Non-Steroidal Anti-inflammatory Medications (NSAIDs) 

Aspirin is one of the oldest non-steroidal anti-inflammatory drugs. Some dog owners still give their dogs aspirin. Unfortunately, few if any dogs tolerate aspirin well. Side effects are often a lack of appetite, vomission, diarrhea or dark (or bloody) stools. If any of these events occur you must lower the dose or discontinue it altogether. Never give aspirin to cats! Aspirin and all other anti-arthritic drugs are often referred to as NSAIDs (non-steroidal anti-inflammatory drugs). All the older ones, such as aspirin, ibuprofen and indomethacin are known for causing stomach problems in people and pets. Three newer ones with less of this side effect and which are approved for pets are carprofen (Rimadyl®, Pfizer), etodolac (Etogesic®, Wyeth Ft. Dodge) and meloxicam (Metacam®, Boehringer Ingelheim/Merial). The first is a twice a day product, the second two are suggested once a day. All three of these products seem to really help old dogs get about again. They should not be given to cats. When given to dogs in the suggested amount, they are said to be able to improve a dog’s activity level by about 20-30%. However, this is entirely dependent on your dog – its degree of arthritis, its sensitivity to pain, and where in the slow progression of arthritis it currently stands.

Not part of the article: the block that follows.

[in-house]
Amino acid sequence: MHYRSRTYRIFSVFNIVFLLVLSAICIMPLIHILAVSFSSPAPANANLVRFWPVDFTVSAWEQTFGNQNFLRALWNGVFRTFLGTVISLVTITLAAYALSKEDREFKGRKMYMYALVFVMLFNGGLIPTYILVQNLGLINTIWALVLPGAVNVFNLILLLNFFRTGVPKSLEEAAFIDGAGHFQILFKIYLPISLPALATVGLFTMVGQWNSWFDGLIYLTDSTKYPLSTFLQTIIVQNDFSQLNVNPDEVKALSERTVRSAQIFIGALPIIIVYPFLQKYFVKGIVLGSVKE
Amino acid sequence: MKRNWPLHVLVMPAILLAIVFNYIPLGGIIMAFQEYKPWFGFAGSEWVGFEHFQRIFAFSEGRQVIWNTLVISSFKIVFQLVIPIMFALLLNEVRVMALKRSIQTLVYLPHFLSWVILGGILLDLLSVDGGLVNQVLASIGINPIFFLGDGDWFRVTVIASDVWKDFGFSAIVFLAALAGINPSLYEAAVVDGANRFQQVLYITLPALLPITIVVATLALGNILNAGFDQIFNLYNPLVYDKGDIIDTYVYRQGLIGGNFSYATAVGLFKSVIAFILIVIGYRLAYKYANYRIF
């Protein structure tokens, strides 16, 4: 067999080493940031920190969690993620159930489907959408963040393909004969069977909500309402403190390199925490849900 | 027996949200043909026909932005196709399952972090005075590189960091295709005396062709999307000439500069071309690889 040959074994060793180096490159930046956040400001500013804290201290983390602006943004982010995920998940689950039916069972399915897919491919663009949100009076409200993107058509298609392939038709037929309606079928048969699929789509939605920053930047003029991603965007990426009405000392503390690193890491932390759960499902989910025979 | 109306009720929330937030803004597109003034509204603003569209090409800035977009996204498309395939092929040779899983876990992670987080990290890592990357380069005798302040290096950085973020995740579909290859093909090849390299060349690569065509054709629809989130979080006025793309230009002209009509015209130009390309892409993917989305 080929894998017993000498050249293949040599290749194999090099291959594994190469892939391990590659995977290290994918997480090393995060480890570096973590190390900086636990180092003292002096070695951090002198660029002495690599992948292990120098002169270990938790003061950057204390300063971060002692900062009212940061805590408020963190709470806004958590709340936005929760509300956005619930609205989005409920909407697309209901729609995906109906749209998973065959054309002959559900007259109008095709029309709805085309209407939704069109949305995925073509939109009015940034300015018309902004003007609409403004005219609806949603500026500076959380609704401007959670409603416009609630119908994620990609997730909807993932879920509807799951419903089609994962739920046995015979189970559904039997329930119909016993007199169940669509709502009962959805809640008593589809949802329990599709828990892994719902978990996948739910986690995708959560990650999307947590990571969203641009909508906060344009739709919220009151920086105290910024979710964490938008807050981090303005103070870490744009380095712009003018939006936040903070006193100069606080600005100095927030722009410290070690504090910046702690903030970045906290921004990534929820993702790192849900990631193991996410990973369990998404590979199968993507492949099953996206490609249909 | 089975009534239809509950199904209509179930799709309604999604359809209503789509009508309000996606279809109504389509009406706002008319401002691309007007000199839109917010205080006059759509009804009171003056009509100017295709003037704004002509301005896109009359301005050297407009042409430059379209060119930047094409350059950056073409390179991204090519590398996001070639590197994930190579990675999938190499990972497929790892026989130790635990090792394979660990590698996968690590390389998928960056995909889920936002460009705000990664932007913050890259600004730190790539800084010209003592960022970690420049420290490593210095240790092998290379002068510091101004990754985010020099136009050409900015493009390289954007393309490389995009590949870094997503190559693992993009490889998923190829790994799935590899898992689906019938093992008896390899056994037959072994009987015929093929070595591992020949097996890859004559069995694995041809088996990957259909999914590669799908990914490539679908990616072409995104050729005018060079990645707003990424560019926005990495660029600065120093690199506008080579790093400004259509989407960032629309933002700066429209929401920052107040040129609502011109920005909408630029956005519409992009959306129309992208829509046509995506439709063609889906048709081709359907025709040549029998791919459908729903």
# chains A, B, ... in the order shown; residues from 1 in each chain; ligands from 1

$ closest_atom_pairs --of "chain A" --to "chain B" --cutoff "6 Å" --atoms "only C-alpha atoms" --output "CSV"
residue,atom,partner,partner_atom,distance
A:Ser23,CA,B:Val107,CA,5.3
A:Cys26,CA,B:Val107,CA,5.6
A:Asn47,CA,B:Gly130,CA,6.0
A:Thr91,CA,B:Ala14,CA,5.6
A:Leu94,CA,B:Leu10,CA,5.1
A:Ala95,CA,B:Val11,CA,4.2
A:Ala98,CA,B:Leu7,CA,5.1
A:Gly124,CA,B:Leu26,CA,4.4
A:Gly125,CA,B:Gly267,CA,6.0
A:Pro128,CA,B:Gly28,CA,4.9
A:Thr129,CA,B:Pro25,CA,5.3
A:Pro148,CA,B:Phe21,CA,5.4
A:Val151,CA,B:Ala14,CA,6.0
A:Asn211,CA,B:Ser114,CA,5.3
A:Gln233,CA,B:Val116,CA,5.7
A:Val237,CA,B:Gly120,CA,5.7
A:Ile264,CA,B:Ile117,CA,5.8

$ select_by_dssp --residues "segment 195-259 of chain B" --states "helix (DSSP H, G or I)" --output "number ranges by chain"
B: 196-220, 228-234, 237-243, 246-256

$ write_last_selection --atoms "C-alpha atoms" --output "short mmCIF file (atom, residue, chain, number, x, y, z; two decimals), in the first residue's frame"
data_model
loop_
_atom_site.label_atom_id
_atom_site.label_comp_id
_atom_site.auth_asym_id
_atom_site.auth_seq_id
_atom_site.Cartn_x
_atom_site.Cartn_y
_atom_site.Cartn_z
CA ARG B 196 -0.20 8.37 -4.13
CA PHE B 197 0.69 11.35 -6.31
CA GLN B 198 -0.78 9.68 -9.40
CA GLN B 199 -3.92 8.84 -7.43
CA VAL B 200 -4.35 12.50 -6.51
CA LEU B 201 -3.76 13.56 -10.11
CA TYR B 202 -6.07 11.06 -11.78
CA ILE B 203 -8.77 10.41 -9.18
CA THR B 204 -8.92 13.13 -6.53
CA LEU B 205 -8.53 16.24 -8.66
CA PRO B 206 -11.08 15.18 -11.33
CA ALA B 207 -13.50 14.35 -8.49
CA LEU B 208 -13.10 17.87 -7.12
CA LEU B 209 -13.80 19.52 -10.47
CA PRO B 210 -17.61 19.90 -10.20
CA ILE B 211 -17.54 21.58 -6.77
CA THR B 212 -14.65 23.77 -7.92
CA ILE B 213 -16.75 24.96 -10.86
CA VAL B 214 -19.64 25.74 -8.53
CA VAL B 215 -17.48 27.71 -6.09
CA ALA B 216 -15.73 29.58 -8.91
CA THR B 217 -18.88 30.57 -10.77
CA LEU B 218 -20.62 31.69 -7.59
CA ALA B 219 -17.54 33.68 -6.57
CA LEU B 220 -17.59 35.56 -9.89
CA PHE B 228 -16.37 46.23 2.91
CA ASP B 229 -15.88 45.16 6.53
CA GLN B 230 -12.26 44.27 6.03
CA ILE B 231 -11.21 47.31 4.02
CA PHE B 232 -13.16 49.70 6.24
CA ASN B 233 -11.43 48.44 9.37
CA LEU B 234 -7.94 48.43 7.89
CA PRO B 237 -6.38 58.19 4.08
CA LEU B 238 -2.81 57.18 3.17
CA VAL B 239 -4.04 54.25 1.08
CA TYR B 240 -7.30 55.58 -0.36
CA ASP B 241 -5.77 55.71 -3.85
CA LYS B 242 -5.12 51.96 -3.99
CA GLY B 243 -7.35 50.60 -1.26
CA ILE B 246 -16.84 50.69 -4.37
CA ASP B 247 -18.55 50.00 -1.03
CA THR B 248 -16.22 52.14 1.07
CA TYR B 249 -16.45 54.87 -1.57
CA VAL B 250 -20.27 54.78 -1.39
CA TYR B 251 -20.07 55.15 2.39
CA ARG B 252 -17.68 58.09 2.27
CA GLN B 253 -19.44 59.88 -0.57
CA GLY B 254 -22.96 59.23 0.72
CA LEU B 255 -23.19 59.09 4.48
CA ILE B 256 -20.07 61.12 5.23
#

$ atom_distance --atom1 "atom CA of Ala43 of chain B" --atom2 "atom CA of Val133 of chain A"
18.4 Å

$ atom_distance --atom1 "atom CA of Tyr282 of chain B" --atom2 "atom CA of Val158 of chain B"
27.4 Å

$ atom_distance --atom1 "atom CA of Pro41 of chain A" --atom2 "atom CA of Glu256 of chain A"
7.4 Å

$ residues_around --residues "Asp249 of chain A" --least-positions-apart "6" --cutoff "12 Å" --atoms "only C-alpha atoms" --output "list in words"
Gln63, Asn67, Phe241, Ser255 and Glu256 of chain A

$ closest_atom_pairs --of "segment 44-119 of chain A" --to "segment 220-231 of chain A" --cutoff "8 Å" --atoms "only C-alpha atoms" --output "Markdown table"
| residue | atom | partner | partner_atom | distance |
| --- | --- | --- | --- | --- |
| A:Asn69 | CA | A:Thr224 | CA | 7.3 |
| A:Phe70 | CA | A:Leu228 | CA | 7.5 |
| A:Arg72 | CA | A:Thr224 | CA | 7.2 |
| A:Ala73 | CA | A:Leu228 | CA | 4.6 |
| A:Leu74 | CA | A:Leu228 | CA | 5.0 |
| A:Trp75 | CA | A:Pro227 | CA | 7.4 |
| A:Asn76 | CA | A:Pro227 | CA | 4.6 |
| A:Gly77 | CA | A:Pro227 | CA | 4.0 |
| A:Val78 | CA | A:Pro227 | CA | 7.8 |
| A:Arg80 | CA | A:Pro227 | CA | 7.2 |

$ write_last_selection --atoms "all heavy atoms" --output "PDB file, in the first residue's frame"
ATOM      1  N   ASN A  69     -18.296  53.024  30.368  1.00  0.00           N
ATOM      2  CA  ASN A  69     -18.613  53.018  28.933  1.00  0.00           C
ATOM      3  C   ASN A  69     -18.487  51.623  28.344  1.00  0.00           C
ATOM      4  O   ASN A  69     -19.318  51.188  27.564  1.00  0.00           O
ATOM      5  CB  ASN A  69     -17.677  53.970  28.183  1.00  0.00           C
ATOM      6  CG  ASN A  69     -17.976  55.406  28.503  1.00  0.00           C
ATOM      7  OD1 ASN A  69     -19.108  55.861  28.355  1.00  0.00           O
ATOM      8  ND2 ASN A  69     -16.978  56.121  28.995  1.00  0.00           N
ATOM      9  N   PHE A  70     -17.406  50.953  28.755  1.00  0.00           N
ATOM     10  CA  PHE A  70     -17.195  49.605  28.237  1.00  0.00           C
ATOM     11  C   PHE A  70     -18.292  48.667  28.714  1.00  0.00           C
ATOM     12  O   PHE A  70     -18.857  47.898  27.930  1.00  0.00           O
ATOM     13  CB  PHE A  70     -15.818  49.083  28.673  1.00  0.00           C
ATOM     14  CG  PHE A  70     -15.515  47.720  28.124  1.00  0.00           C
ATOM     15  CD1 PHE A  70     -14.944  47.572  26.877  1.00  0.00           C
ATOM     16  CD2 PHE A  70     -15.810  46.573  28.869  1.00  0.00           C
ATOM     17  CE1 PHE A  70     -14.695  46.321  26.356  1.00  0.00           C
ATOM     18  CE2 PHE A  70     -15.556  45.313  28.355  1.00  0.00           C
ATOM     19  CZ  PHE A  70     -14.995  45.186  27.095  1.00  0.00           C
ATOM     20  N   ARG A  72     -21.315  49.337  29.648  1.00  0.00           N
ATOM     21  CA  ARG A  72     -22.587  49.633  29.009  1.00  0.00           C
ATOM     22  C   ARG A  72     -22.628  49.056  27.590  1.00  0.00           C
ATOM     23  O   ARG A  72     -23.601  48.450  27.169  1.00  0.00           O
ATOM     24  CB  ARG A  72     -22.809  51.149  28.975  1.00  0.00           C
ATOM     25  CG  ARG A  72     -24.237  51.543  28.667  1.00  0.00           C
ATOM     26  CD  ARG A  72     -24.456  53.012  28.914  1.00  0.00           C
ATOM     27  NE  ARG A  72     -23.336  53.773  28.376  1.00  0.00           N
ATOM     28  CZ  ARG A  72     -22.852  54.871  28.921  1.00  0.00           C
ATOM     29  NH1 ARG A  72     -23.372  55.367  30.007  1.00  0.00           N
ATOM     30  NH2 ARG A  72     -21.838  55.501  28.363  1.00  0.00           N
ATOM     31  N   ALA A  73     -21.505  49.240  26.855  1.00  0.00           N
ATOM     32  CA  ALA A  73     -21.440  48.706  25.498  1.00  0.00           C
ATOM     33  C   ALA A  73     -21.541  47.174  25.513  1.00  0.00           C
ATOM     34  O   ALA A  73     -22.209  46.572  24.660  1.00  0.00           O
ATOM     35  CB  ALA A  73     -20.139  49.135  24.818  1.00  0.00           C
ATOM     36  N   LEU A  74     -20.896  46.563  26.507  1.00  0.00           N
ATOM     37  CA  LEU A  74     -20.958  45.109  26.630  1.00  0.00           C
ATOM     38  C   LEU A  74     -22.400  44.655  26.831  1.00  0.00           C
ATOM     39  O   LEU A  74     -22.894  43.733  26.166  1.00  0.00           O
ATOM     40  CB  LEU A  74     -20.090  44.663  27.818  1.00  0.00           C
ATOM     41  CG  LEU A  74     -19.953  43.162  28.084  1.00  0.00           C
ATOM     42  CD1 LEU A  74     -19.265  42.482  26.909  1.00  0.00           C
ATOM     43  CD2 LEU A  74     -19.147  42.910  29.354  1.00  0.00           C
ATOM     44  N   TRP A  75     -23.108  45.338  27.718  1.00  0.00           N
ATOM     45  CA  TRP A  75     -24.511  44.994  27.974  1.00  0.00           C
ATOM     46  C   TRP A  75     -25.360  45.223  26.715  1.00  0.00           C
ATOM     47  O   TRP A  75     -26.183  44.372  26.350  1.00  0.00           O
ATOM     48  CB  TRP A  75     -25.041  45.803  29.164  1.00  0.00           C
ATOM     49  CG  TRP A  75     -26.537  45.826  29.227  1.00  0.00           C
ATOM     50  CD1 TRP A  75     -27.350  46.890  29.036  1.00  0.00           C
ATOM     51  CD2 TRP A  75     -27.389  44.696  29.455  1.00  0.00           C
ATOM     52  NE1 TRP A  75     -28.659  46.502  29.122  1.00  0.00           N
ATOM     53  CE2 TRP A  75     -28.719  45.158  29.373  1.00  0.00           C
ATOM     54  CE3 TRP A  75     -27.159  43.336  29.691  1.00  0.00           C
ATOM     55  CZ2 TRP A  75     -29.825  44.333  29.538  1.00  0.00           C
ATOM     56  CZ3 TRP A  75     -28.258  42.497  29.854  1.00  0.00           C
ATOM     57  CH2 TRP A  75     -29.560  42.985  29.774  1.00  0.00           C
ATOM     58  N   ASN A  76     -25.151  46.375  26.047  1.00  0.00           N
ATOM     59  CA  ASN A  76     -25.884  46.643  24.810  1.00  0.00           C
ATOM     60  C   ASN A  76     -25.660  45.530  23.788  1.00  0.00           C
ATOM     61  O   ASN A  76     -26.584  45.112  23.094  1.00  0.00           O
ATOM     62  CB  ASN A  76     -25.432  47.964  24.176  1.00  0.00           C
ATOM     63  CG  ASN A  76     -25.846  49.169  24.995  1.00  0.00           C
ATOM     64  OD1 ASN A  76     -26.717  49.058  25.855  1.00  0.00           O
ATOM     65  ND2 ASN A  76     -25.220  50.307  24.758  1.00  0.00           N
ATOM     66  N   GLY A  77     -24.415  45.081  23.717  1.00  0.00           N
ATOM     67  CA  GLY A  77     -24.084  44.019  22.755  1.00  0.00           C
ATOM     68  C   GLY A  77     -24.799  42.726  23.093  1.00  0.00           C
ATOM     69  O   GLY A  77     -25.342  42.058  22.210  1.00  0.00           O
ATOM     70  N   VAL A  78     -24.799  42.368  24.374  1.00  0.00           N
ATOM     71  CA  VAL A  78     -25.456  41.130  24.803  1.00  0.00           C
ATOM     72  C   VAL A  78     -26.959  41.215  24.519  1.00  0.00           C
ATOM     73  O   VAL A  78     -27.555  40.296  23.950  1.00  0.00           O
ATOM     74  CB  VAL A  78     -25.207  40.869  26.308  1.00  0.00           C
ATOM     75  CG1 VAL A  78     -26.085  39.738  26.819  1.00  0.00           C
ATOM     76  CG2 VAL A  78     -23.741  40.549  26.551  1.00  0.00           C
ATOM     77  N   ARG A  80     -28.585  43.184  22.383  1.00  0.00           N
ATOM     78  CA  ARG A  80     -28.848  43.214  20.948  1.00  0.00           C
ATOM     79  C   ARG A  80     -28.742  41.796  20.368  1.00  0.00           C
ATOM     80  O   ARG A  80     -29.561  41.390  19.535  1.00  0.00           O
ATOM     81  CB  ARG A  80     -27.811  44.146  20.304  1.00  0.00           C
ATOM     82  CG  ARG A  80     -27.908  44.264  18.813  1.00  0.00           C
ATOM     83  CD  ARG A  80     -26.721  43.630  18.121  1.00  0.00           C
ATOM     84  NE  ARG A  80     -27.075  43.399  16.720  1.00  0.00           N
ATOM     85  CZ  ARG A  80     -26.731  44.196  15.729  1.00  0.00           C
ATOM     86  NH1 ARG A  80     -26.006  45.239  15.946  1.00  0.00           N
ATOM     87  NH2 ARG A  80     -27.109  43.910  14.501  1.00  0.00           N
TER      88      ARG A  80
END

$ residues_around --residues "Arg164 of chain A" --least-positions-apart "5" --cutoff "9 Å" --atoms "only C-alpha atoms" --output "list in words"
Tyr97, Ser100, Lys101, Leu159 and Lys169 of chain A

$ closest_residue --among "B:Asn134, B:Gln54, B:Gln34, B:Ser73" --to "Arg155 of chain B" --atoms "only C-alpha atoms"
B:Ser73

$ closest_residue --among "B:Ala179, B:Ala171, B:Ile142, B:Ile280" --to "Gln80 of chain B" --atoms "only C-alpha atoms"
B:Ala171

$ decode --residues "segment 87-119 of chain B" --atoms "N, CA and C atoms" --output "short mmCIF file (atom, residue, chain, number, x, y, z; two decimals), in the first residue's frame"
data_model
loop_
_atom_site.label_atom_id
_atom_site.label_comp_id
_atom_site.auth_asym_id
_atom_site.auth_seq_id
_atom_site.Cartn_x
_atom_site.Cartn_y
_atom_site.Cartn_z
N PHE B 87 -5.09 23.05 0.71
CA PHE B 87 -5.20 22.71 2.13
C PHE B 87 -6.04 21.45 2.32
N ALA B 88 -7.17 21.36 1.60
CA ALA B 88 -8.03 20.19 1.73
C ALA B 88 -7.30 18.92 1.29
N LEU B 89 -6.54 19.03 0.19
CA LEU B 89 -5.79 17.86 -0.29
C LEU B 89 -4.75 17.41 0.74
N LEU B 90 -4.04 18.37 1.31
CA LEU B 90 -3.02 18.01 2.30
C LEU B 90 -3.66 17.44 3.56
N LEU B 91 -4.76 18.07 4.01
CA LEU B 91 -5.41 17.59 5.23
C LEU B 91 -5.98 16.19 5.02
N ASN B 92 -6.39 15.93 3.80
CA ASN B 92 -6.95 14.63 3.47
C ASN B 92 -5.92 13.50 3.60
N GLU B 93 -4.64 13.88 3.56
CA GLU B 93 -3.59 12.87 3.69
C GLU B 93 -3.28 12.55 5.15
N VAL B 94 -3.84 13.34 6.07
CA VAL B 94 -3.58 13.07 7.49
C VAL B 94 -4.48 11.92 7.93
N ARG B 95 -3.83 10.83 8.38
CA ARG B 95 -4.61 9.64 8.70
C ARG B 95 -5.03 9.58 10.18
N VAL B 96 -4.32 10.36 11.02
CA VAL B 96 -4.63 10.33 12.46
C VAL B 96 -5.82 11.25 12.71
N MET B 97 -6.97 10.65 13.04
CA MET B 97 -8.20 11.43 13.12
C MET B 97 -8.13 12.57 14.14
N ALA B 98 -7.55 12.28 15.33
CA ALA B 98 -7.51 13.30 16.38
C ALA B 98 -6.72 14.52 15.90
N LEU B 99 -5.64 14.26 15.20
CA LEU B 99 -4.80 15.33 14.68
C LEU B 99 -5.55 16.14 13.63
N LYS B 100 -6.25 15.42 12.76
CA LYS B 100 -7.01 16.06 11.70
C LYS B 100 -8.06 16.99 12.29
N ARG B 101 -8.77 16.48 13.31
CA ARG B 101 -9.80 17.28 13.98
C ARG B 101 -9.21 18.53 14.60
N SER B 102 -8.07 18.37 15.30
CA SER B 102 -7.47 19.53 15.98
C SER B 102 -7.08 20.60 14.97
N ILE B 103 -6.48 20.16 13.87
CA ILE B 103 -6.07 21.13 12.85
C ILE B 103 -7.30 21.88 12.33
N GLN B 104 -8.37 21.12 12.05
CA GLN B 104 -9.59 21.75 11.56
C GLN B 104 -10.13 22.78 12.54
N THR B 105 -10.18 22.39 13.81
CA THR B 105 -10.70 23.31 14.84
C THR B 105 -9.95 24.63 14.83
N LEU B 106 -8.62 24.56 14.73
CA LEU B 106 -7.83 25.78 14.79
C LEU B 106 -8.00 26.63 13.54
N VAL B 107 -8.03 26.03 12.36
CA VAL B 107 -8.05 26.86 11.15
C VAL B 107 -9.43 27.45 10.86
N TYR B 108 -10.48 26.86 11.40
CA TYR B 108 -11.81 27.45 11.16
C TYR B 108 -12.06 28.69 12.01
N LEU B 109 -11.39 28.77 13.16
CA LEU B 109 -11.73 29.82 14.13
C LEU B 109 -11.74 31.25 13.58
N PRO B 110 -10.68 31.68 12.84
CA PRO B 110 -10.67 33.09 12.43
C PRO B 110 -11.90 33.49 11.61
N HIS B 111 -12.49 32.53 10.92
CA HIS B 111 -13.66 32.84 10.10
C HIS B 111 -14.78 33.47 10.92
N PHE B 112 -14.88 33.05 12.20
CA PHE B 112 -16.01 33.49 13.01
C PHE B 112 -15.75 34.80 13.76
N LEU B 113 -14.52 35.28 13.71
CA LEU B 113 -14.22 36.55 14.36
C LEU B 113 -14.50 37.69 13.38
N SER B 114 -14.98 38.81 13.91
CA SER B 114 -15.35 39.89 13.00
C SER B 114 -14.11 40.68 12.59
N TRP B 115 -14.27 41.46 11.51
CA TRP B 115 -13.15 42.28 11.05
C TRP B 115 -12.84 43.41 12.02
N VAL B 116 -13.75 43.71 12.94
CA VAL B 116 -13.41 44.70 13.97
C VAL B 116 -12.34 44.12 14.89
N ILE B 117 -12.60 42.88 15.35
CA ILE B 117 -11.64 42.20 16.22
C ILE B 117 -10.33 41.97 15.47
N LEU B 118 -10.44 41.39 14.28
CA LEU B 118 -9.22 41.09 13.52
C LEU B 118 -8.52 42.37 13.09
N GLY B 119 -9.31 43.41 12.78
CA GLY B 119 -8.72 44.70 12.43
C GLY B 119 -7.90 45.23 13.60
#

The newer, dog approved NSAIDs are lucrative products for their manufacturers. These products come and go. One, tepoxalin (Zubrin®) was eventually withdrawn from the European and North American markets. The reasons were not given. Another, firocoxib (Previcox®) is still available. The last to enter was grapriprant (Galliprant®) Most are now offered in flavored tablets that are easier for you to administer. I do not know of a single scientific study that found any one of these products as being better or safer than another.